• About
  • Careers
  • Newsletter
Sports Basketball Southern Miss basketball team under scrutiny: NCAA investigates ‘Prop...

Southern Miss basketball team under scrutiny: NCAA investigates ‘Prop 48’ recruits

-

Caption: Former Southern Miss head coach Donnie Tyndall speaks to Matt Bingaya during a game in the 2013-2014 season. The men’s basketball program is under NCAA investigation for giving “Prop 48” recruits improper benefits during Tyndall’s tenure. Three current players – Bingaya, Davon Hayes and Shadell Millinghaus – are former “Prop 48” recruits, but it is unknown as to whom the NCAA is actually investigating at this time. Photo by Marvin Gentry/USA Today Sports

The University of Southern Mississippi’s men’s basketball program is under investigation by the NCAA for potential rule violations that may have occurred under former head coach Donnie Tyndall.

A source close to the basketball program told Bleacher Report that the NCAA’s investigation centers on how tuition, living expenses and other fees were paid for “Prop 48″ recruits who signed with the Golden Eagles but were academically ineligible straight out of high school or junior college.

Even though they were not on scholarship, the players in question enrolled in classes at Southern Miss, lived in off-campus apartments and spent a year earning enough academic credits to make them eligible the following season, when they were placed on scholarship. This is standard practice under NCAA Proposition 48 rules, but the financial support these players may have received is under investigation, according to Bleacher Report. Along with investigating how those fees were paid—and by whom—the NCAA is also looking into the academic records of some of the players, the source said.

Three current players – Matt Bingaya, Davon Hayes and Shadell Millinghaus – are former “Prop 48” recruits, but it is unknown as to who the NCAA is actually investigating at this time, as Tyndall signed other players who enrolled at Southern Miss under similar circumstances but are no longer with the program.

Players who were originally set to start – Bingaya, Chip Armelin and Jeremiah Eason – did not play in the exhibition Thursday. Current basketball head coach Doc Sadler refused to talk about the allegations and did not give a reason as to why the trio sat. Bingaya is the only “Prop 48” recruit of the group.

“I’m not going to go with anything off the court,”  Sadler said. “But to answer your question, that wasn’t what (benching them) was about. We’re going to look forward to trying to figure some things out that we’re probably going to have to do.”

 Tyndall went 56-17 in two seasons at Southern Miss but failed to lead the Golden Eagles to the NCAA tournament. He left in April 2014 to replace Cuonzo Martin as the head coach at the University of Tennessee.

In a previously scheduled press conference Nov. 6, Tyndall said he would cooperate with the investigation, if asked.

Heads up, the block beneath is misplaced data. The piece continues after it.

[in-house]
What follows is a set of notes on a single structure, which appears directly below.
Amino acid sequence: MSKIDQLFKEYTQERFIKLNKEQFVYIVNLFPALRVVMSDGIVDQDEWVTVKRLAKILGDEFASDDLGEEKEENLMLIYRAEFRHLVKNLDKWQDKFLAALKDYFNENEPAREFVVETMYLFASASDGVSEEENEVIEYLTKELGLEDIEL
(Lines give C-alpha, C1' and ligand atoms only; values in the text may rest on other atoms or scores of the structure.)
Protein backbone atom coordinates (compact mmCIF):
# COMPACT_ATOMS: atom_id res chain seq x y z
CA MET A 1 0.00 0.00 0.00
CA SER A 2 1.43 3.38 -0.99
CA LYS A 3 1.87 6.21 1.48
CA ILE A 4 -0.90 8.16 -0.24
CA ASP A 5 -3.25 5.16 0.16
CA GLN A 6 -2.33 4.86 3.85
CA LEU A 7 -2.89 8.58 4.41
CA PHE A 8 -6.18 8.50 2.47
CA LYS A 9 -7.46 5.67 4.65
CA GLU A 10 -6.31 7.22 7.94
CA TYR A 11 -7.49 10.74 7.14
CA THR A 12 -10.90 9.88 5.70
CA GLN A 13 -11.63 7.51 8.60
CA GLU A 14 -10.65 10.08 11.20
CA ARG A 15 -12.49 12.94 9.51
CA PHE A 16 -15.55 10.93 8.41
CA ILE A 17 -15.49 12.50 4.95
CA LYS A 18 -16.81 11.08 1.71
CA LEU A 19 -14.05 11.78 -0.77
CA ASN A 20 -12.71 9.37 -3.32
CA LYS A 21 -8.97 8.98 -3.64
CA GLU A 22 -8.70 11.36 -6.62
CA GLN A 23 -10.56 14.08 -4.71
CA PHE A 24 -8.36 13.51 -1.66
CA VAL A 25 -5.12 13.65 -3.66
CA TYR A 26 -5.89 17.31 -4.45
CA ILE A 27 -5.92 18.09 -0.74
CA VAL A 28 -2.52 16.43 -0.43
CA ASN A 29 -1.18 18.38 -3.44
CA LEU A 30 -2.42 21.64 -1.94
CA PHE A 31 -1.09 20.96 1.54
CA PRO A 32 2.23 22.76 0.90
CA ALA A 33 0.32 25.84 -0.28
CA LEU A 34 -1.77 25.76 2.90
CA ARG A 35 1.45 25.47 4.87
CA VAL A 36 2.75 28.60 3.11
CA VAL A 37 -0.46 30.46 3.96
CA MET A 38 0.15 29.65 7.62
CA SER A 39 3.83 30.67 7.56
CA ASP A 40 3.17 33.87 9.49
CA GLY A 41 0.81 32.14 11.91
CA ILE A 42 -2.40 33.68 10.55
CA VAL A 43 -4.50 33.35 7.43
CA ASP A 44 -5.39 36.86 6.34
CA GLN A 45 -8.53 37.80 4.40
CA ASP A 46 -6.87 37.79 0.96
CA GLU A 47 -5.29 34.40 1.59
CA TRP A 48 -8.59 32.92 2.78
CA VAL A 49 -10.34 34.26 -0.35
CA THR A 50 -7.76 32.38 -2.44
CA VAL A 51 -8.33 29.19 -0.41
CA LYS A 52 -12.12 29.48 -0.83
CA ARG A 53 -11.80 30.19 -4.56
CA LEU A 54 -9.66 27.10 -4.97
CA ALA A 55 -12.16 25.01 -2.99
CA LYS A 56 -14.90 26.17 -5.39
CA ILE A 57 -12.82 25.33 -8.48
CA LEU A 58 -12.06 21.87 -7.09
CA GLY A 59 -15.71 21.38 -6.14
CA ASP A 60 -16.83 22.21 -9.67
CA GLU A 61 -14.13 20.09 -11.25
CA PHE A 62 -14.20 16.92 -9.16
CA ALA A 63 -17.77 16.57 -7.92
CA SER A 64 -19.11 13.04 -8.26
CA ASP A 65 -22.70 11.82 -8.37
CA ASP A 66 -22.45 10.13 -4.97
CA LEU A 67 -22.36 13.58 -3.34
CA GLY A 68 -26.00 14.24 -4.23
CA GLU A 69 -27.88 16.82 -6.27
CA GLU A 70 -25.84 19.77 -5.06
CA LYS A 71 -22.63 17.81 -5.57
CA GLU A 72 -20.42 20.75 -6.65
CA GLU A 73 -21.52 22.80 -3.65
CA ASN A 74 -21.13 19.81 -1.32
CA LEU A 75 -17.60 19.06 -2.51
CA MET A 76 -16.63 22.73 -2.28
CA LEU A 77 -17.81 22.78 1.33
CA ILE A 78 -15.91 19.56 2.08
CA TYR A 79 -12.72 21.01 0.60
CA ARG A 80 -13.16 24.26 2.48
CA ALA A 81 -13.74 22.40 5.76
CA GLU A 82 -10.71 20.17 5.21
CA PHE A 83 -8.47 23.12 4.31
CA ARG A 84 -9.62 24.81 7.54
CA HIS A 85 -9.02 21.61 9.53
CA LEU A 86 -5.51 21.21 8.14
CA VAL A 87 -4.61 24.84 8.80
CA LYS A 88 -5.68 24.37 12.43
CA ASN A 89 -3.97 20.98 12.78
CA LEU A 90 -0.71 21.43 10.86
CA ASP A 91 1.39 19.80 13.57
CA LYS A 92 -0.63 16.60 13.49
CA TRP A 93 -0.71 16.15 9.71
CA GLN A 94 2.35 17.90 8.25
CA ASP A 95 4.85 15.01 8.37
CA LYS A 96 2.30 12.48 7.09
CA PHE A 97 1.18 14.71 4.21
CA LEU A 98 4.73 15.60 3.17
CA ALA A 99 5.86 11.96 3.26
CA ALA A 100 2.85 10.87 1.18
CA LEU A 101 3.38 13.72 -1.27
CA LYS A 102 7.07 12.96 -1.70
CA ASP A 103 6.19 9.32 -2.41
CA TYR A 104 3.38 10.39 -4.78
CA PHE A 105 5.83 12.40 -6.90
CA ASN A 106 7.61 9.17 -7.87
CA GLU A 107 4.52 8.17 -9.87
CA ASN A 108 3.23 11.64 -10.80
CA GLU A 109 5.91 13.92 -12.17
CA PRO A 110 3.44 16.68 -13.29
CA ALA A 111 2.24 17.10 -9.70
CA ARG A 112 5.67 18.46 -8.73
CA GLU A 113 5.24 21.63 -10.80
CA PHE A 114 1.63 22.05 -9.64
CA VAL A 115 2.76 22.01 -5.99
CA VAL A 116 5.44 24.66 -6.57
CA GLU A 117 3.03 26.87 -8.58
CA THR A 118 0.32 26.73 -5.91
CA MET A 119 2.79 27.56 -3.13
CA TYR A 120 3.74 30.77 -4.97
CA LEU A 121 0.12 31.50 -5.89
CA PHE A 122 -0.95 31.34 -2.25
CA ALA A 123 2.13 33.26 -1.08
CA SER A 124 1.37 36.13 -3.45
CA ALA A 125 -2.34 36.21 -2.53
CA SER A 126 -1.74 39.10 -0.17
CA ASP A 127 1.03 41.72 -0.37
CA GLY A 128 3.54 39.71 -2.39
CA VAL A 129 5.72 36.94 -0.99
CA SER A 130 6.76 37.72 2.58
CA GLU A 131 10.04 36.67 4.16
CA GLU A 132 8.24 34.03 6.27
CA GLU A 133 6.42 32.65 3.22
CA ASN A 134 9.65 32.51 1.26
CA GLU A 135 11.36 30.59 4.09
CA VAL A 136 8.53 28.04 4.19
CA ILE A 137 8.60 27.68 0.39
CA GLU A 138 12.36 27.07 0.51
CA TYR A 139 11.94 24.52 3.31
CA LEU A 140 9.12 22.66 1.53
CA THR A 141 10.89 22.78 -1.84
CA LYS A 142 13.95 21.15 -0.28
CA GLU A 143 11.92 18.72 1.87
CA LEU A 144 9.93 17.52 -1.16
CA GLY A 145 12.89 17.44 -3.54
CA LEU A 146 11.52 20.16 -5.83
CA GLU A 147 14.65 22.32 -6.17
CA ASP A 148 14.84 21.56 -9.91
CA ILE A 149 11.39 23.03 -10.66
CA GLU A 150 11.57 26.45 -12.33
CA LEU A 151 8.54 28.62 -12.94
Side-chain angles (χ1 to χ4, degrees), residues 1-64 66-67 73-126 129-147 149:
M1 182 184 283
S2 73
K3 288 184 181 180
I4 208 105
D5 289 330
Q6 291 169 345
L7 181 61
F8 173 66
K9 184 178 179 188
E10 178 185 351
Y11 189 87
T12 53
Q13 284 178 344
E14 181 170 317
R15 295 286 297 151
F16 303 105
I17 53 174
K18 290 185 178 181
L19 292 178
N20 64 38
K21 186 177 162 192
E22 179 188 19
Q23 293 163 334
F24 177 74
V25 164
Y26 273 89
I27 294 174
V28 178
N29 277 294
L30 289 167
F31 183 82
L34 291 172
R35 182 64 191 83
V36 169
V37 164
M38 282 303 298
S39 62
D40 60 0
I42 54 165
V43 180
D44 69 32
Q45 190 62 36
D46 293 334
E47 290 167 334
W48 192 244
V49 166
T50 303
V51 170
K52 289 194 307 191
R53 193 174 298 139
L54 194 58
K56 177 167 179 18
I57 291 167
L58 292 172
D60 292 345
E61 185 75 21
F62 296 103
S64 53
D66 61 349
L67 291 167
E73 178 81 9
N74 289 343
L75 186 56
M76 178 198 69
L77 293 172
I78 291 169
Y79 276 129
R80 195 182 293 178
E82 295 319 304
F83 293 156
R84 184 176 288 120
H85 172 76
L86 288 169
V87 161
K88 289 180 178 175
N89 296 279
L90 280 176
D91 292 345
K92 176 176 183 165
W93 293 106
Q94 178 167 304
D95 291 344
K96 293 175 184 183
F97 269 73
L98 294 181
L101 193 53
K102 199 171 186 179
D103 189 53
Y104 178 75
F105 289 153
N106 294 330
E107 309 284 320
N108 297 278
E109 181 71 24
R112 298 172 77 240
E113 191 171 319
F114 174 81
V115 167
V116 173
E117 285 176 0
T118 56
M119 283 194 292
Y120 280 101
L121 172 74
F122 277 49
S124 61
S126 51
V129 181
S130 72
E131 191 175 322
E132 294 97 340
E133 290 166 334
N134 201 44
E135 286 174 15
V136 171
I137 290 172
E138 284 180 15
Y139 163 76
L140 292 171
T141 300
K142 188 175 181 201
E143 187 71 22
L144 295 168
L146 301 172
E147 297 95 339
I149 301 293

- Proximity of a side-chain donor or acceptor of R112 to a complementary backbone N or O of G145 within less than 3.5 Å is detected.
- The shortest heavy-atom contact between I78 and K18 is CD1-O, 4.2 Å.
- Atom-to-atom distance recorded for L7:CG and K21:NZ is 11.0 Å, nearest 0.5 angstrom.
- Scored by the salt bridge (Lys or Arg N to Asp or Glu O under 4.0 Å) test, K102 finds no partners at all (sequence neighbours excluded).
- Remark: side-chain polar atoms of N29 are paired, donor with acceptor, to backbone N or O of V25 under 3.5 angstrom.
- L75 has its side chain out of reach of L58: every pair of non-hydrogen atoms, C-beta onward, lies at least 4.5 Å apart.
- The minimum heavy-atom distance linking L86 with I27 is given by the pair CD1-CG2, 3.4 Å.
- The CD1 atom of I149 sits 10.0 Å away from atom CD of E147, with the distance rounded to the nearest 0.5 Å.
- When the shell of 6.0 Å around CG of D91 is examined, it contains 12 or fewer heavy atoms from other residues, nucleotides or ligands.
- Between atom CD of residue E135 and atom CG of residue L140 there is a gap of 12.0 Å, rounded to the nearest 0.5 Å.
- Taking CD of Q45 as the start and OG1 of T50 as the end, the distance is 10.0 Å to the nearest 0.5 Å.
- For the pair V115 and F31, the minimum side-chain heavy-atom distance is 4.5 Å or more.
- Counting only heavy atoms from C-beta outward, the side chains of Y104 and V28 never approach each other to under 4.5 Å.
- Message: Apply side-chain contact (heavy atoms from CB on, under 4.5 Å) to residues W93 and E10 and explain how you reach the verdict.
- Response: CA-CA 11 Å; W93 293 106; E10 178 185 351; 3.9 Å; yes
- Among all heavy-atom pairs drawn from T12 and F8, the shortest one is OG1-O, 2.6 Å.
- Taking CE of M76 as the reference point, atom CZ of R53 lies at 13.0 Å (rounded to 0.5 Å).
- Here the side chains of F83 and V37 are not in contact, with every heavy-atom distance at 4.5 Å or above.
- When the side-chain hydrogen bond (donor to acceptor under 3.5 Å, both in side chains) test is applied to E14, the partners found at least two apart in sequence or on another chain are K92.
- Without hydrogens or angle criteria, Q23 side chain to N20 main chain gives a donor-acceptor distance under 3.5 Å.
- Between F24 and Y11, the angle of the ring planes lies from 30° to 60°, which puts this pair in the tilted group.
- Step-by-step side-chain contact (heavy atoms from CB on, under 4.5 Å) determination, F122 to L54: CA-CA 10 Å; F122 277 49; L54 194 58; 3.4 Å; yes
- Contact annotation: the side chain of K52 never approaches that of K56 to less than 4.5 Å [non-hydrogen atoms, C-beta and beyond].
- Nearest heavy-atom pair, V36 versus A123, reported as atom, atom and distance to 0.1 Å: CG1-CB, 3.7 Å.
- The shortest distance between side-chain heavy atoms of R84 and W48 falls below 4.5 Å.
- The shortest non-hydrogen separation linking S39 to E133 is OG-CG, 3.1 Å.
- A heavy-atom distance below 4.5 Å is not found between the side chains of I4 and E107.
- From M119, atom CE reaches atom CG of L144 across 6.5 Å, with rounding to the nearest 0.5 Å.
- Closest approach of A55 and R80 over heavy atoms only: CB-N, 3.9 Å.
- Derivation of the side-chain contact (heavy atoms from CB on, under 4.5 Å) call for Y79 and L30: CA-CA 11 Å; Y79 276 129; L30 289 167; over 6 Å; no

“That’s all I will say or can say at this time,” he said.

Tyndall said he has not yet been contacted by any investigators.

The athletic department for Tennessee released a statement regarding the investigation, according to The Tennessean.

“We are aware of the situation at Southern Miss and will not comment further until there is a resolution,” the statement read. “We have an extensive vetting process with all potential coaching candidates, including very specific conversations with the NCAA and school officials at Southern Miss regarding compliance during Coach Tyndall’s tenure there, during which no issues were brought to our attention.”

In a statement, Southern Miss acknowledged that the school is “working together with the NCAA to review potential issues related to our men’s basketball program.”

Yolanda Cruz
Social Media and Copy Editor. Senior News Editorial Journalism major/Political Science minor at The University of Southern Mississippi. Honors College Ambassador. Love reading, watching movies, and listening to music. Hoping to move to a big city one day.

Latest news

President announces modifications to Fall Semester

The University of Southern Mississippi (USM) has announced plans to condense the Fall 2020 semester calendar in an effort to limit student travel into and out of the region and help prevent the potential spread of COVID-19.

Media students try to stay positive about post-grad future

Over 1.3 million students across the country prepare for graduation, the biggest challenge they face is finding work in light of the COVID-19 epidemic.

Caution is not enough for students to return

The only way many students will feel comfortable is by rule enforcement to ensure the spread of COVID-19 is put at a halt.

Now is the time to reopen Mississippi

Now is the time to reopen. Our communities will not make it if nonessential businesses remain closed.

‘Last of Us Part II’ leaks further need for better working conditions

After indefinitely delaying the game, Sony announced a June 19 release date for the highly anticipated “The Last of Us Part II.” What should have been a momentous occasion was soured when large portions of the game got leaked to the public.

First phase of reopening should include food courts, construction, farm businesses

Stores that offer services for food cultivation, farming, livestock and fishing should be able to resume their service in the preliminary phase of reopening.

Must read

President announces modifications to Fall Semester

The University of Southern Mississippi (USM) has announced plans to condense the Fall 2020 semester calendar in an effort to limit student travel into and out of the region and help prevent the potential spread of COVID-19.

Media students try to stay positive about post-grad future

Over 1.3 million students across the country prepare for graduation, the biggest challenge they face is finding work in light of the COVID-19 epidemic.

You might also likeRELATED
Recommended to you